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Dr. Stuart Kreisman: Smoke-free, multi-unit dwellings: The absent centrepiece of protection from secondhand smoke (SPH Dr. Stuart Kreisman)

A strong majority of individuals would prefer to live in a 100 per cent smoke-free building, yet only a small minority have this status in British Columbia or elsewhere in Canada (Photo credit: Vancouver Sun)
A strong majority of individuals would prefer to live in a 100 per cent smoke-free building, yet only a small minority have this status in British Columbia or elsewhere in Canada (Photo credit: Vancouver Sun)

Opinion: Secondhand smoke seeps through multiple connections between units, including the ventilation system. Up to 65 per cent of the air in a unit can come from other units in the building.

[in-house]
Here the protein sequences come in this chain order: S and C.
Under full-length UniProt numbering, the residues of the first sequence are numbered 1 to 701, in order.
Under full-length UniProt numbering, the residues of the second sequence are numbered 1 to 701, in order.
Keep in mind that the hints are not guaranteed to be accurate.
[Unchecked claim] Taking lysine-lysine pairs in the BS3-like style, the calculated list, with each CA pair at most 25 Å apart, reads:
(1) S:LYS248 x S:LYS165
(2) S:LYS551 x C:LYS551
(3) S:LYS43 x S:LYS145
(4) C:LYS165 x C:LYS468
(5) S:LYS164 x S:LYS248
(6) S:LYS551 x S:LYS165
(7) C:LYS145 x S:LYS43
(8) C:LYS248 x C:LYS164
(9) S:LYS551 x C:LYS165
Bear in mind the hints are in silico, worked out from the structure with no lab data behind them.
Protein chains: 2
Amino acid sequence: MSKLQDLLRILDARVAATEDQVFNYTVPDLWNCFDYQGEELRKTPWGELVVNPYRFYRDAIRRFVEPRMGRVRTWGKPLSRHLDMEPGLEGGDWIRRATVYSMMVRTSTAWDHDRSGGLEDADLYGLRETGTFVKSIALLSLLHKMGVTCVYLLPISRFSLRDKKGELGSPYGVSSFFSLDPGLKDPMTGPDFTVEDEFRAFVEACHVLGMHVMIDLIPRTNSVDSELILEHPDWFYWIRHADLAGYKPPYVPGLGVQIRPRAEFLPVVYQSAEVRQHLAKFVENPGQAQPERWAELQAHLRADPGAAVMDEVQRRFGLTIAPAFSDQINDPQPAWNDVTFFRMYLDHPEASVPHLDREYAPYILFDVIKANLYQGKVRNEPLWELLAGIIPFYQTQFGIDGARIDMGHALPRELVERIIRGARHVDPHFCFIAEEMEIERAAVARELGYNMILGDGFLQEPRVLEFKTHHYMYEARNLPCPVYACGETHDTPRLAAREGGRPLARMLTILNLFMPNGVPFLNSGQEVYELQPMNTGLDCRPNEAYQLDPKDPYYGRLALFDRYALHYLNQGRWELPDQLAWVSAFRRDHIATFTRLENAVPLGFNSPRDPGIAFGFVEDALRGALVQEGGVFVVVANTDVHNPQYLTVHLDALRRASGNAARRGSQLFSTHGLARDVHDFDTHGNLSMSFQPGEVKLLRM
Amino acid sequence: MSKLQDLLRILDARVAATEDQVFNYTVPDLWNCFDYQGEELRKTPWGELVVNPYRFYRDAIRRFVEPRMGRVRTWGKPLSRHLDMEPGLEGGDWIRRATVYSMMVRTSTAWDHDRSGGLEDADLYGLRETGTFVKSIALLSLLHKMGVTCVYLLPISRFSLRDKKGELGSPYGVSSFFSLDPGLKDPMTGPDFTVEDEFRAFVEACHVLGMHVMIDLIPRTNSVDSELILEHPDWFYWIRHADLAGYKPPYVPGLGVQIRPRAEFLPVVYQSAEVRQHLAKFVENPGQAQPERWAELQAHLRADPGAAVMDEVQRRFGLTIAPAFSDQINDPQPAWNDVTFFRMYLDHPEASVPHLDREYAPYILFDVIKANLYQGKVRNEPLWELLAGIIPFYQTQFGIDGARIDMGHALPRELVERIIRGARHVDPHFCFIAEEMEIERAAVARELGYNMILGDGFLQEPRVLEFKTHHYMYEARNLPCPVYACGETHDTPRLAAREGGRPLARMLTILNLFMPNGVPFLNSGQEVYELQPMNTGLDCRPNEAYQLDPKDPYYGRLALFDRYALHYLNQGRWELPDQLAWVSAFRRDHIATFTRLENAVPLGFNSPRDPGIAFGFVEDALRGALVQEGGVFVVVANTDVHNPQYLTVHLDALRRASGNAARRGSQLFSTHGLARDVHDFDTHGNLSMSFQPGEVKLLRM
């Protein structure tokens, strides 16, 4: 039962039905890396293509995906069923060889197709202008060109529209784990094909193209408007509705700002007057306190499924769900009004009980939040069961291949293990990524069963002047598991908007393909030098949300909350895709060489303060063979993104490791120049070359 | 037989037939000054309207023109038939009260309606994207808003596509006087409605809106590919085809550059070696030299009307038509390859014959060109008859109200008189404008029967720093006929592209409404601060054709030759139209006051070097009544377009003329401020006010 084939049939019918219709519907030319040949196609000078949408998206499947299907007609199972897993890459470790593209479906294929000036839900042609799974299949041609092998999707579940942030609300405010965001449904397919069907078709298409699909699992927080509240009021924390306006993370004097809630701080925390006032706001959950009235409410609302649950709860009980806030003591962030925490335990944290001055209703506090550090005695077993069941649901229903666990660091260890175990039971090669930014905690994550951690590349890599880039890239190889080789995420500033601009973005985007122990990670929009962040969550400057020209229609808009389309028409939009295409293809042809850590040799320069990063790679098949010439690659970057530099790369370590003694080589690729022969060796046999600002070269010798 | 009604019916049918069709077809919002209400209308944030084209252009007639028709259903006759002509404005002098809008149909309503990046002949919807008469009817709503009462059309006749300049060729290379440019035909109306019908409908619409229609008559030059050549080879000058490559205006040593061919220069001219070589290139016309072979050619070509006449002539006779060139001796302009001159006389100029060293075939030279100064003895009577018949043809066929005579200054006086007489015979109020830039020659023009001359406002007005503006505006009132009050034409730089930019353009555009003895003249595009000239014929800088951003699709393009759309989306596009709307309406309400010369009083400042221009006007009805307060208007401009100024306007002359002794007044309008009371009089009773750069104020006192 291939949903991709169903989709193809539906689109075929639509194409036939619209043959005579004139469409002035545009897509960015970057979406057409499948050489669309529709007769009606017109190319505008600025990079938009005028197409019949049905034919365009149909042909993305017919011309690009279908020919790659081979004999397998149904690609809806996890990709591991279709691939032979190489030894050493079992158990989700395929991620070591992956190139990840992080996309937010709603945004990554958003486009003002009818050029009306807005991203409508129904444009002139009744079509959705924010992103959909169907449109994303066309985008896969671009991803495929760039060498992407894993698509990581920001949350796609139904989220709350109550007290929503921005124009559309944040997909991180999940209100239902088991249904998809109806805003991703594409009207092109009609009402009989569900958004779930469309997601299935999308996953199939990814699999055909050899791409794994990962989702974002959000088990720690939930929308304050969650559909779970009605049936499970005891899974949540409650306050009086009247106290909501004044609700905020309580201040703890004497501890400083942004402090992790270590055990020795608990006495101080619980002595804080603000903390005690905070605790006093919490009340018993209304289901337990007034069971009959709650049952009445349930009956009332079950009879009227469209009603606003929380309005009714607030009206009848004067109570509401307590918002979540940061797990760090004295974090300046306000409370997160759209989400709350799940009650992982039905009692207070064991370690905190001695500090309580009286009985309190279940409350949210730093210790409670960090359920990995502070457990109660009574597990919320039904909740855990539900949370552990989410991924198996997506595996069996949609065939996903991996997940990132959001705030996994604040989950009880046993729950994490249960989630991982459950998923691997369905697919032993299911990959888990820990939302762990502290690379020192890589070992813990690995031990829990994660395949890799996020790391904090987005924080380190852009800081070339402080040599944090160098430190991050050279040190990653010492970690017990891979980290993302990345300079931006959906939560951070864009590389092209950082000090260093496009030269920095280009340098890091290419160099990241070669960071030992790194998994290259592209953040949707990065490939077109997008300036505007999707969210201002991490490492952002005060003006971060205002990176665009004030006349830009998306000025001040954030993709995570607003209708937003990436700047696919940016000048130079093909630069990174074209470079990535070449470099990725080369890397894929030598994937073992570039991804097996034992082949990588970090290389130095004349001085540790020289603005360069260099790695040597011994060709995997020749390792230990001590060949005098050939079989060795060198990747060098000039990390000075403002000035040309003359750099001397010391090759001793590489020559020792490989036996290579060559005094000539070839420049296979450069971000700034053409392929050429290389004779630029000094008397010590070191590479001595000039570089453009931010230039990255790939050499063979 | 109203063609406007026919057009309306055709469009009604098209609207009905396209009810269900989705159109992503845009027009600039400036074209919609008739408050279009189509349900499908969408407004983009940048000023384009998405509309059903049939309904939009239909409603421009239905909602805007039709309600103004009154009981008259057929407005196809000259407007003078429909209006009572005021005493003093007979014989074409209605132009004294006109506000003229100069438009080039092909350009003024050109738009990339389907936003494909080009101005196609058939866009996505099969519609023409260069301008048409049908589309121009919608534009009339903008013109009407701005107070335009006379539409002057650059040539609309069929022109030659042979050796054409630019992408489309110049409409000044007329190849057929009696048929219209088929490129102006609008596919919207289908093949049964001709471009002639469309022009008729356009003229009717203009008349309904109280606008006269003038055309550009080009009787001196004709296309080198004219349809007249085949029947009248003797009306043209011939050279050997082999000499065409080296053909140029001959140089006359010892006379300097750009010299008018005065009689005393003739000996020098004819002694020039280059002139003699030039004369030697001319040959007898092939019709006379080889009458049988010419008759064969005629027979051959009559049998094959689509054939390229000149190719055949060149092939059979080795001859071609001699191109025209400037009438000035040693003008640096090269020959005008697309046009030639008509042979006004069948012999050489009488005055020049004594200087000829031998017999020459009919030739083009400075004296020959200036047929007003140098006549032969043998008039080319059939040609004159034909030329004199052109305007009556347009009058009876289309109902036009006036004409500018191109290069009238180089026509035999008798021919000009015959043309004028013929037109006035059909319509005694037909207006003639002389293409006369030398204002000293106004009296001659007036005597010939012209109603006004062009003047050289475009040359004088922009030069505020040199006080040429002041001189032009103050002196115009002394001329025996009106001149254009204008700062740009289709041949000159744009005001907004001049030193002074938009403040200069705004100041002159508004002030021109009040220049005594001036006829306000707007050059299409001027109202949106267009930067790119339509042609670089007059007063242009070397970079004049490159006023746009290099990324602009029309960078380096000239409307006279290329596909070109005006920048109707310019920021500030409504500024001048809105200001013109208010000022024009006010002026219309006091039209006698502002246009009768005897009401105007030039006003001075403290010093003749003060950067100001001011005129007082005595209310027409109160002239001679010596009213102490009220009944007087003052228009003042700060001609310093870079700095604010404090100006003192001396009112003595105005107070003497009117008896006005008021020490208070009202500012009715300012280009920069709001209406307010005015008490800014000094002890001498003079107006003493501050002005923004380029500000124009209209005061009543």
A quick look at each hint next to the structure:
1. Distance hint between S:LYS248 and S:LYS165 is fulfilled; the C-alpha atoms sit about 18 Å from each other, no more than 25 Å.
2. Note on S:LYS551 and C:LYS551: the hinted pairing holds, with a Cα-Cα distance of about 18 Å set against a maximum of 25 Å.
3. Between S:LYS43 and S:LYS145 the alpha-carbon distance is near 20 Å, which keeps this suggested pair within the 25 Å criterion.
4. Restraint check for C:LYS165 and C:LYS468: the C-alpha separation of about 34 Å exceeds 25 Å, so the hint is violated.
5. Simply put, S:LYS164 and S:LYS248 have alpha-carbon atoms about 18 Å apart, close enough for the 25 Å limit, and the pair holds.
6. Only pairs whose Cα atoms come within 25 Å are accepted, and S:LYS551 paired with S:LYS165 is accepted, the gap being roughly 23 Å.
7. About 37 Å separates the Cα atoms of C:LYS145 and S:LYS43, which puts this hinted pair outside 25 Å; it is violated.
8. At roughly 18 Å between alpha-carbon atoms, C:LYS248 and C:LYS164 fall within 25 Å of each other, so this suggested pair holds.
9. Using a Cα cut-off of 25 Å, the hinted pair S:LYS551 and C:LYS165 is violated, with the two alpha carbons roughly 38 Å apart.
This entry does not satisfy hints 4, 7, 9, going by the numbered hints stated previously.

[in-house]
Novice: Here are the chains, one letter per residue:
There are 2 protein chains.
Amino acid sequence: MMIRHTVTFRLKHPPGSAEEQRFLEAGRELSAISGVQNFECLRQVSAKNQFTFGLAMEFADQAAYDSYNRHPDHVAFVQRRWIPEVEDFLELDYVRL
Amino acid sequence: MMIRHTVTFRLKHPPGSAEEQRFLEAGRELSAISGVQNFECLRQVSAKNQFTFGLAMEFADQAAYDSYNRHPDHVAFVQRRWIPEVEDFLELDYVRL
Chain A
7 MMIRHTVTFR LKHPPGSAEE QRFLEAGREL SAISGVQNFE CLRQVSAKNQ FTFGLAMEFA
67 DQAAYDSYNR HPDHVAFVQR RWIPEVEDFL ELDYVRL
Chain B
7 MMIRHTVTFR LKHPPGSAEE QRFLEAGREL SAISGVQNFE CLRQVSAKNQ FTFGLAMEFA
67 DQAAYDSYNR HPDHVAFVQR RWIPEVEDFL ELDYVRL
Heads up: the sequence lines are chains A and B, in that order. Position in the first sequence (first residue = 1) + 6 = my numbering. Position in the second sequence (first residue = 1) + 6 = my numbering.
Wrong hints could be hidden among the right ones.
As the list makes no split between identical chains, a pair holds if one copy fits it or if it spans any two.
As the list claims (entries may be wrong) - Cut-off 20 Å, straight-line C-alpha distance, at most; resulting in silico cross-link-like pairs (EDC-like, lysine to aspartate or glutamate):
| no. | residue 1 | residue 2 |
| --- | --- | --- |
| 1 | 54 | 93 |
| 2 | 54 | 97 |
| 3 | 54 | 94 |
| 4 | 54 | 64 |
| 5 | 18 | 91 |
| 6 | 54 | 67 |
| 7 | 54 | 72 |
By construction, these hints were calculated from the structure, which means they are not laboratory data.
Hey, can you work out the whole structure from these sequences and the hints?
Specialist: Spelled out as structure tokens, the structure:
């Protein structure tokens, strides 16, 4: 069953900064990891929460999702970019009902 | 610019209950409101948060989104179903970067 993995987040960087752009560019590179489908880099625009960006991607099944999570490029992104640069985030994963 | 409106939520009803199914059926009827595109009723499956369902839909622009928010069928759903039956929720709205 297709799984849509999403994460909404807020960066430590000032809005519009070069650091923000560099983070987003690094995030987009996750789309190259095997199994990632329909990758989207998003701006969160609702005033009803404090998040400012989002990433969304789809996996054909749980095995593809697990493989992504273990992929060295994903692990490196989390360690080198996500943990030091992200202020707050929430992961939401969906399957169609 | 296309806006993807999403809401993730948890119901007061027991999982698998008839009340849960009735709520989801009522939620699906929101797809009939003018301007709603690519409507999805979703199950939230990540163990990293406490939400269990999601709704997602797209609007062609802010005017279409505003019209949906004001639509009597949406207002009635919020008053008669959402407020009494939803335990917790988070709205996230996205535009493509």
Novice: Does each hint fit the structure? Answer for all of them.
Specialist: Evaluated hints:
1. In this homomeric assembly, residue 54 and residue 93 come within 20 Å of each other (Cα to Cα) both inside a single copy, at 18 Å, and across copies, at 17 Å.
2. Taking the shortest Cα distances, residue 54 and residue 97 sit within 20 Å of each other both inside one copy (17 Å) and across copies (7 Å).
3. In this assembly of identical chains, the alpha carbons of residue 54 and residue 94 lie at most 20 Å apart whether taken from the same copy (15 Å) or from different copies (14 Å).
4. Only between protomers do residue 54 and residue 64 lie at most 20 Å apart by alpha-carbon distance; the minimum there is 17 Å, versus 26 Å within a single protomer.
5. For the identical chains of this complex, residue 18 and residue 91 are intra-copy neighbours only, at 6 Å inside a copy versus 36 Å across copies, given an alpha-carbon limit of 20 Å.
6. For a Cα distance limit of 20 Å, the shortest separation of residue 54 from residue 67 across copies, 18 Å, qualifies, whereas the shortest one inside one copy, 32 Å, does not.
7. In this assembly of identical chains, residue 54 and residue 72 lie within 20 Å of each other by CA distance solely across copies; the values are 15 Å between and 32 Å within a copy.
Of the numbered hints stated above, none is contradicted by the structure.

This coming week is National Non-Smoking Week. Unfortunately, one of the great silent ironies of (non-pandemic) life in Vancouver and other Canadian cities today is that many of us can usually get up, take smoke-free transit to our smoke-free workplaces, afterwards eat dinner in a smoke-free restaurant, then maybe later hail a smoke-free taxicab to catch a show or game at a smoke-free venue, only to ultimately have to go back to an apartment or condominium where we are forced to breathe our neighbour’s secondhand smoke against our wills in our very own homes.

Dr. Stuart Kreisman, an endocrinologist at St. Paul’s Hospital in Vancouver, is with Physicians for a Smoke-Free Canada.

Click here for the full story on Vancouver Sun.

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